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To the Depressed: Reach out and Reach up

August 24, 2016

 

It is estimated globally, that roughly around 350 million people suffer with some form of depression. Those individuals who are afflicted with such depression often feel despondent, lost and disconnected from life. Even Christians who attend church regularly and have a firm faith can fall under depression’s dark cloud.

 

Depression is not just feeling blue or moody; rather it is much deeper and much more severe. The “dark night of the soul” as John of the Cross once put it, is just that, those who are suffering from depression see a perspective that is incredibly bleak and many times are unable to articulate that reality to others. Do Christians get depressed? Certainly. Is there hope for the depressed? Absolutely. That hope for me was found in the pages of Scripture.

 

Depressed Christians, to many, seem like an oxymoron. Christians should have the joy of the Lord, they have the hope of heaven, there is no reason for them to be depressed, right? Wrong, and because of this assumption, many well intentioned church-goers will offer advice such as “you need to pray more” or “read your bible more often.” And yet for the one struggling with depression, it takes almost every ounce of strength just to crawl out of bed, so pat answers and quick fixes do little if anything at all to help. It may even only exacerbate the problem and leave the person feeling even more isolated.

 

When I have struggled with depression, there was no easy fix for the level of hopelessness I felt. For many who are depressed, hope is a distant reality and is obscured by the overwhelming feeling that depression is a permanent condition. In other words, how you are feeling in this moment is going to be how you are feeling forever. However, depression is not and doesn’t have to be a permanent state and I said before, what helped me to realize that was the Bible.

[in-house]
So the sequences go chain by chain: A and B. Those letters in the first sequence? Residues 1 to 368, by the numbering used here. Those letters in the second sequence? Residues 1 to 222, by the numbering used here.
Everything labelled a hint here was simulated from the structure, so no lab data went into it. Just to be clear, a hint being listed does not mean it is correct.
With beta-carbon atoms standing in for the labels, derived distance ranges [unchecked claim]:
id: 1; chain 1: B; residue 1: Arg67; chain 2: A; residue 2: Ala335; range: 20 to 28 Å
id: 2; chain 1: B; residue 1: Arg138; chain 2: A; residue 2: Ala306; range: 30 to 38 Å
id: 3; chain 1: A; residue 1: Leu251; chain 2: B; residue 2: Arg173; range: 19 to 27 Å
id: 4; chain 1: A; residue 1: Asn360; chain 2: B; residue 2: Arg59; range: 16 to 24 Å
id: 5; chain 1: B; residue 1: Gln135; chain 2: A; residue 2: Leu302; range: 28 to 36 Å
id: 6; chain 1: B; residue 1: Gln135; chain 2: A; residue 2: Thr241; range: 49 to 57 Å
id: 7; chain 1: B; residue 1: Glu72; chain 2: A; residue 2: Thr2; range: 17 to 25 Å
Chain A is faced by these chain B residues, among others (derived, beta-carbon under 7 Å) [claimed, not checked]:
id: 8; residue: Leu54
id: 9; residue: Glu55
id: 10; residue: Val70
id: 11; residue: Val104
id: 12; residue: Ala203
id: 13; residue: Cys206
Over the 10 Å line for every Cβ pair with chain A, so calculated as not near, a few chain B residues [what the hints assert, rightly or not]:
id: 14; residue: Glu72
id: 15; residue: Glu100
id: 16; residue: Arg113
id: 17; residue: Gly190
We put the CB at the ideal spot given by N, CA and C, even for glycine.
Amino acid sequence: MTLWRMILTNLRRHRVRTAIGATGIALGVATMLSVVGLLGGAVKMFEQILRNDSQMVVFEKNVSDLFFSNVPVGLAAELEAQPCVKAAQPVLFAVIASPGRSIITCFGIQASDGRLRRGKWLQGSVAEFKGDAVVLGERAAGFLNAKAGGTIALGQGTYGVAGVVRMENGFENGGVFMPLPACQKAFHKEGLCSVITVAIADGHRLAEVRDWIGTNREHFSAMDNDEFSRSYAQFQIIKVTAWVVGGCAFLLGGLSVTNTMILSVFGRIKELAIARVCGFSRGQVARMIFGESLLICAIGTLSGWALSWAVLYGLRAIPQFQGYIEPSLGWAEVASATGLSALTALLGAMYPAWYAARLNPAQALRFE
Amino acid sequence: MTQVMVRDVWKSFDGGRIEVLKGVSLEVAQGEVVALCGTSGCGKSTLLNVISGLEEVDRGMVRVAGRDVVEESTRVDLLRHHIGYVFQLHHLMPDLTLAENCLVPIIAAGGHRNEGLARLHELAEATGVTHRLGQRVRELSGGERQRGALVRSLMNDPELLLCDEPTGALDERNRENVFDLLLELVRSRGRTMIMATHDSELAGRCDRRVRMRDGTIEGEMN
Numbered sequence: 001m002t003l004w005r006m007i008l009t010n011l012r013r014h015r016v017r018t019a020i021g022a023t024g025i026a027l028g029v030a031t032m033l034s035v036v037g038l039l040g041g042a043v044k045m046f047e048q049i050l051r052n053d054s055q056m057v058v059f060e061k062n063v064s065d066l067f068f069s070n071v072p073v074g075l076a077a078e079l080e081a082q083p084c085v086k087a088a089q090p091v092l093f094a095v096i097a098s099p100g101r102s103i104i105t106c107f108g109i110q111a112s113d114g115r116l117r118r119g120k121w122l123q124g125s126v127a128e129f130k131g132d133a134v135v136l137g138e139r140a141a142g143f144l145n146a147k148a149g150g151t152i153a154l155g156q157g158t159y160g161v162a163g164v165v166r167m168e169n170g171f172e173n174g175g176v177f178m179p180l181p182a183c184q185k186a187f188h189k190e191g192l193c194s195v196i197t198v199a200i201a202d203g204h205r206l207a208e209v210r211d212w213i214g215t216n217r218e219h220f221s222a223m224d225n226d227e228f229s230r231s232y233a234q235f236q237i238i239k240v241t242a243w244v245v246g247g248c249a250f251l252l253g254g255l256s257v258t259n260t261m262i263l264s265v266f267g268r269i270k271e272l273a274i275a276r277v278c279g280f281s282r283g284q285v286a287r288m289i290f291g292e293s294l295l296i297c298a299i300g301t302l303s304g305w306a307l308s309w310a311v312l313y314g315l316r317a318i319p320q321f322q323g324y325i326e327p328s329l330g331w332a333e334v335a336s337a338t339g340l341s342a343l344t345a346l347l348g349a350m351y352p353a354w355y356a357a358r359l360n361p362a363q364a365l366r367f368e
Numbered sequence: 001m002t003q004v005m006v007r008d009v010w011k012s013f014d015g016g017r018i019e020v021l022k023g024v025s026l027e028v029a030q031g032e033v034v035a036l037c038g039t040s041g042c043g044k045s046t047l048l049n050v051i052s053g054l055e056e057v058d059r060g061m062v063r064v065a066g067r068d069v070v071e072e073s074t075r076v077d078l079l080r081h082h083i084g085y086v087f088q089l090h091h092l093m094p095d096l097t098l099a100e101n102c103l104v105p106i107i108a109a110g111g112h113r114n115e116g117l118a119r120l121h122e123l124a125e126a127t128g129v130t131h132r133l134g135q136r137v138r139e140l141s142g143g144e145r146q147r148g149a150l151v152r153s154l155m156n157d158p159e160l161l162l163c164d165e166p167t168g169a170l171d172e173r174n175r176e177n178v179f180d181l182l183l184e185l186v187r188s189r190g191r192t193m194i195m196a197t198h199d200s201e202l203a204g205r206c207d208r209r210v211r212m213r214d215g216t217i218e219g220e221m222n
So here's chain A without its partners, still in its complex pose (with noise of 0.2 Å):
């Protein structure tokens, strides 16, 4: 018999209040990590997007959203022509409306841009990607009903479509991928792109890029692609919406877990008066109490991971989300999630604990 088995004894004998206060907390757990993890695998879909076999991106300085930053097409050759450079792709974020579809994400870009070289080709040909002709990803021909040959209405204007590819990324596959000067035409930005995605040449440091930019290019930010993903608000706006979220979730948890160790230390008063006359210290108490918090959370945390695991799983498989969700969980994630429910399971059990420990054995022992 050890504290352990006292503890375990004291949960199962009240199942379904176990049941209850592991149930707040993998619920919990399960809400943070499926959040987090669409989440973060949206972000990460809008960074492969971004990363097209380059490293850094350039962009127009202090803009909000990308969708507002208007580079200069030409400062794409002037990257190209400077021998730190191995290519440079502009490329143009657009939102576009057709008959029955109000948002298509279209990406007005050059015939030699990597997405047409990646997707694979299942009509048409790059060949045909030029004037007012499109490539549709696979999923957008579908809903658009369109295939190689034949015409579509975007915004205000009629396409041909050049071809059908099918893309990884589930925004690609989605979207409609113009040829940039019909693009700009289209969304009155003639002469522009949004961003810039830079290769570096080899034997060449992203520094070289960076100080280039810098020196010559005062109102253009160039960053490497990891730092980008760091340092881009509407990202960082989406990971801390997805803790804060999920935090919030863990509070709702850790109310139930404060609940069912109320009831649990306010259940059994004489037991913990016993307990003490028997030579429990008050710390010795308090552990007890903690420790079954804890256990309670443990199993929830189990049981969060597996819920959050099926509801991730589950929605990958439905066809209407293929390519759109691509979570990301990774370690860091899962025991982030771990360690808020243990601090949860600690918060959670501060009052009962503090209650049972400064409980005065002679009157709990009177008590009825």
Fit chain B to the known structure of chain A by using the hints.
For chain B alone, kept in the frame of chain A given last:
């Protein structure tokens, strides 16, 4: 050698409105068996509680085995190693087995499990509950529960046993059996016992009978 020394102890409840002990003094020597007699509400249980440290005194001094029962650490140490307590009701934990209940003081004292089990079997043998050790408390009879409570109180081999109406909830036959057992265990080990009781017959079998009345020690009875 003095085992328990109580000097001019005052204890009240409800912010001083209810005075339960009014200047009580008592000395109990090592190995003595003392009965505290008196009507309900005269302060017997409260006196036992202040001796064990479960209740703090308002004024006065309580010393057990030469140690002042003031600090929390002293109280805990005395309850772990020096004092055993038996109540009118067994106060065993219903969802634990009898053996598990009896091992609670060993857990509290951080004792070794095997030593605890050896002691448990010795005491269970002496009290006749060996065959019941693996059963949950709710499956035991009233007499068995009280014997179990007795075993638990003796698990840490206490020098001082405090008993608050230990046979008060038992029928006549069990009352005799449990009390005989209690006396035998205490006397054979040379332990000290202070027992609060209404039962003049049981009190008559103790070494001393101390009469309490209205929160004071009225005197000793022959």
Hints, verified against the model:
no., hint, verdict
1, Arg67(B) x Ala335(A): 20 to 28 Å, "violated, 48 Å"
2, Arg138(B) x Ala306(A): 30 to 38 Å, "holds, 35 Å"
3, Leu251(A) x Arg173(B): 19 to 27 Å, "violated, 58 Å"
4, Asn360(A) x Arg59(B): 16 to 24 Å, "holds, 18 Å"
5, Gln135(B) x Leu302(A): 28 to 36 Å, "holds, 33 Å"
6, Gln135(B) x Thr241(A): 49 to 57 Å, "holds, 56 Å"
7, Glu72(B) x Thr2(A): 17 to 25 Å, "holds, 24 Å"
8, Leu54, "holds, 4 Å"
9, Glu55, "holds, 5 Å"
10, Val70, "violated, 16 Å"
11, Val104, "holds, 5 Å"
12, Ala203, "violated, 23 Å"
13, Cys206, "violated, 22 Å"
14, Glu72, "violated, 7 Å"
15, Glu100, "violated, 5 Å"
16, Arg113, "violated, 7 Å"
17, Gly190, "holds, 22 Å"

In Psalm 42, the Psalmist speaks specifically about the deep pain and reality of depression. For example, he writes in verse 3 that day and night, his tears have become his food; a powerful illustration of the level of sorrow that is so tangible when someone is depressed. Yet there is something absolutely astounding and remarkably helpful that the Psalmist does in verse 5, he asks the question “Why are you cast down, O my soul, and why are you in turmoil within me?” What we are seeing here is an internal dialogue that the Psalmist is having within himself. In the event of your depression, how many times have you asked yourself that very same question? I know in my experience, hundreds of times.

 

However moving further we see this statement “My soul is cast down within me”. Through the internal dialogue we have seen in Psalm 42, the author comes to an admission of his depression. It is common knowledge that in order for recovery to happen, there must first be an acknowledgement of an issue. The first step in overcoming depression is to admit that you are depressed. For men especially, this is hard for us to do. There are multiple reasons for this, such as we are afraid that if we admit it, that we are perceived less than masculine, or associated with stereotypical ideas regarding mental health, or perhaps we just aren’t self-aware enough to articulate our feelings. Whatever the reason may be, admitting that you are depressed is the first step to getting your feet back on the ground and having a sense of normalcy.

 

In addition to the acknowledgement of your depression, a reminder of hope, even if it is just a faint glimmer, can provide such strength during depression’s darkest storms. We read in Psalm 42:5, “Hope in God, for I shall again praise him, my salvation and my God.” That little word “again” points to the season of life that was prior to the onset of depression, where there was a not only a sense of normalcy, but of joy, happiness and connectivity to life. Furthermore, that very same little word reveals the hope that depression can be a season of life not a permanent condition.


As someone who has battled with depression, I want to say to you that there is hope and that there is a rock to anchor to, that is higher than us (Ps. 61:2). Don’t be afraid to reach out and reach up and know that I am praying for you.

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